BANGKOK — While the U.S. alliance with Thailand suffers strains after Bangkok’s 2014 coup, Russia has delivered combat helicopters to the military regime and now wants to provide tanks, counterterrorism training, security intelligence and other assistance, Moscow’s ambassador to Thailand said in an interview.
In addition, Russian Ambassador Kirill Barsky noted that Thai Defense Minister Gen. Prawit Wongsuwon arrives Tuesday in Moscow for a four-day visit to strengthen military links after decades of relatively loose relations.
He said Moscow’s willingness to support Prime Minister Prayuth Chan-ocha, the coup leader, contrasts sharply with the Obama administration’s public criticism of the junta.
Mr. Prayuth is invited to join a May summit in the Russian city of Sochi between the Kremlin and the Association of Southeast Asian Nations (ASEAN), whose other members are Brunei, Cambodia, Indonesia, Laos, Malaysia, Myanmar, the Philippines, Singapore and Vietnam.
The Russia-ASEAN summit mirrors in some ways President Obama’s recent ASEAN Summit in Southern California, but it is not expected to include any similarities to what Mr. Obama told Mr. Prayuth. “We continue to encourage a return to civilian rule in Thailand,” the U.S. president said.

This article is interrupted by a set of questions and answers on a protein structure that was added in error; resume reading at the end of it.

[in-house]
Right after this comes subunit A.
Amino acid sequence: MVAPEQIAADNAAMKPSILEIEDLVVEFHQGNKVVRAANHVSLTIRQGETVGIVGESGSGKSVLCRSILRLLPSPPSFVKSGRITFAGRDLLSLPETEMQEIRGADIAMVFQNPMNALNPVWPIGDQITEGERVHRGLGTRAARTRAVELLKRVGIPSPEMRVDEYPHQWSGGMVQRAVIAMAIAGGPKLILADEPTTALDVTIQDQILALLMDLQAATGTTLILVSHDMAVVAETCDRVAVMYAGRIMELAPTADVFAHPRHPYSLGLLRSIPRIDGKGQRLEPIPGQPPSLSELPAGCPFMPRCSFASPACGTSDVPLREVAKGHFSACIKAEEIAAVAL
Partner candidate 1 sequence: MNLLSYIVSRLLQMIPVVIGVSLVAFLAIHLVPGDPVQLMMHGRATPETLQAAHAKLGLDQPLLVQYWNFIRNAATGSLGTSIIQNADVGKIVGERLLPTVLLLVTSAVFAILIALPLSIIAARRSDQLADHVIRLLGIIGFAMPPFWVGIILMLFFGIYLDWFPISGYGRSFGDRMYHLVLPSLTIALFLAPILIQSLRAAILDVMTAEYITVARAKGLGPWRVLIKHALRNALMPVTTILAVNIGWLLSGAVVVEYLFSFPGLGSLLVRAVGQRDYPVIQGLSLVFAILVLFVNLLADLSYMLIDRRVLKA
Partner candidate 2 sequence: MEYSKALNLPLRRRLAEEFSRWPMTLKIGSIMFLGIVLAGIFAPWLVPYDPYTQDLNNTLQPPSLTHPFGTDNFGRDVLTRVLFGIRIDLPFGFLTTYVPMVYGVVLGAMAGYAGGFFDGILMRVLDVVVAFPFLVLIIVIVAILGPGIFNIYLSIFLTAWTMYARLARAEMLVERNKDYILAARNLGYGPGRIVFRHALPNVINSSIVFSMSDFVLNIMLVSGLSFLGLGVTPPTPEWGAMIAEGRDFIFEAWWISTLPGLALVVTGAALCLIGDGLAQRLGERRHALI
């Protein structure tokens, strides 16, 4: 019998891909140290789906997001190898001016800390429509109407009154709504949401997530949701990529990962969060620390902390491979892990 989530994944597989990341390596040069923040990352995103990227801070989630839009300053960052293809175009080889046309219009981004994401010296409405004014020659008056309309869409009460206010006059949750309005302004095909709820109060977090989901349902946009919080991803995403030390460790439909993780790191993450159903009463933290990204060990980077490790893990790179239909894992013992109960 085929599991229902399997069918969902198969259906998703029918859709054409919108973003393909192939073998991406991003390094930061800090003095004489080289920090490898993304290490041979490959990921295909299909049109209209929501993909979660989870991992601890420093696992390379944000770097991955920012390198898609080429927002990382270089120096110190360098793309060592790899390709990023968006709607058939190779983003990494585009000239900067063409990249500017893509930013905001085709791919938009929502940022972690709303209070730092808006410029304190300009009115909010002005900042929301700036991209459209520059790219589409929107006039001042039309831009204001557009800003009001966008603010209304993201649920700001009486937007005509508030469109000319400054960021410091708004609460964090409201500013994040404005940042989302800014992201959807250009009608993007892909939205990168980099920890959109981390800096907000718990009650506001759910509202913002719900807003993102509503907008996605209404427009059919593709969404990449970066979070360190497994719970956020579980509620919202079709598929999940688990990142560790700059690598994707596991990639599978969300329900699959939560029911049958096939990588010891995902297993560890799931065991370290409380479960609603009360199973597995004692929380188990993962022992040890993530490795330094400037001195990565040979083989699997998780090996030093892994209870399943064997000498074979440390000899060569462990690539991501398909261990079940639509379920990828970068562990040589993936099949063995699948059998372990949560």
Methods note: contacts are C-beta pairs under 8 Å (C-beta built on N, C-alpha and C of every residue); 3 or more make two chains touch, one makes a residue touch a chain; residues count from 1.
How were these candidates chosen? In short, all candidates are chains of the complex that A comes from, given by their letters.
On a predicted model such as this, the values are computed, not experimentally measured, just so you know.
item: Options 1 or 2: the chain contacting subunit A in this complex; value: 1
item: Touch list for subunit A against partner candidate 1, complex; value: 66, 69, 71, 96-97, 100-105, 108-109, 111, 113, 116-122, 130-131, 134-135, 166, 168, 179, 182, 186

“Security is a very important area where Russia and Thailand can benefit from working closely with each other,” Mr. Barsky said in a recent interview.
“Just a couple of days ago, the secretary of the Security Council of the Russian Federation, Nikolai Patrushev, paid a visit to Thailand and reconvened a meeting of the Working Group on Security Cooperation, and the discussion revealed a lot of opportunities and mutual interest of Russia and Thailand in the field of security,” the Russian ambassador said. “We have decided to kick-start collaboration on counterterrorism” and other security concerns, including “intelligence exchange and training of personnel.”
Gen. Prawit’s visit to Russia will continue the dialogue, he said.
“We are in the initial phase of that cooperation,” he said. “But I think we have very good prospects, because I registered strong mutual interest in cooperation in such fields of security as counterterrorism, counternarcotic drugs, fighting transnational crime, cybercrime and cybersecurity.”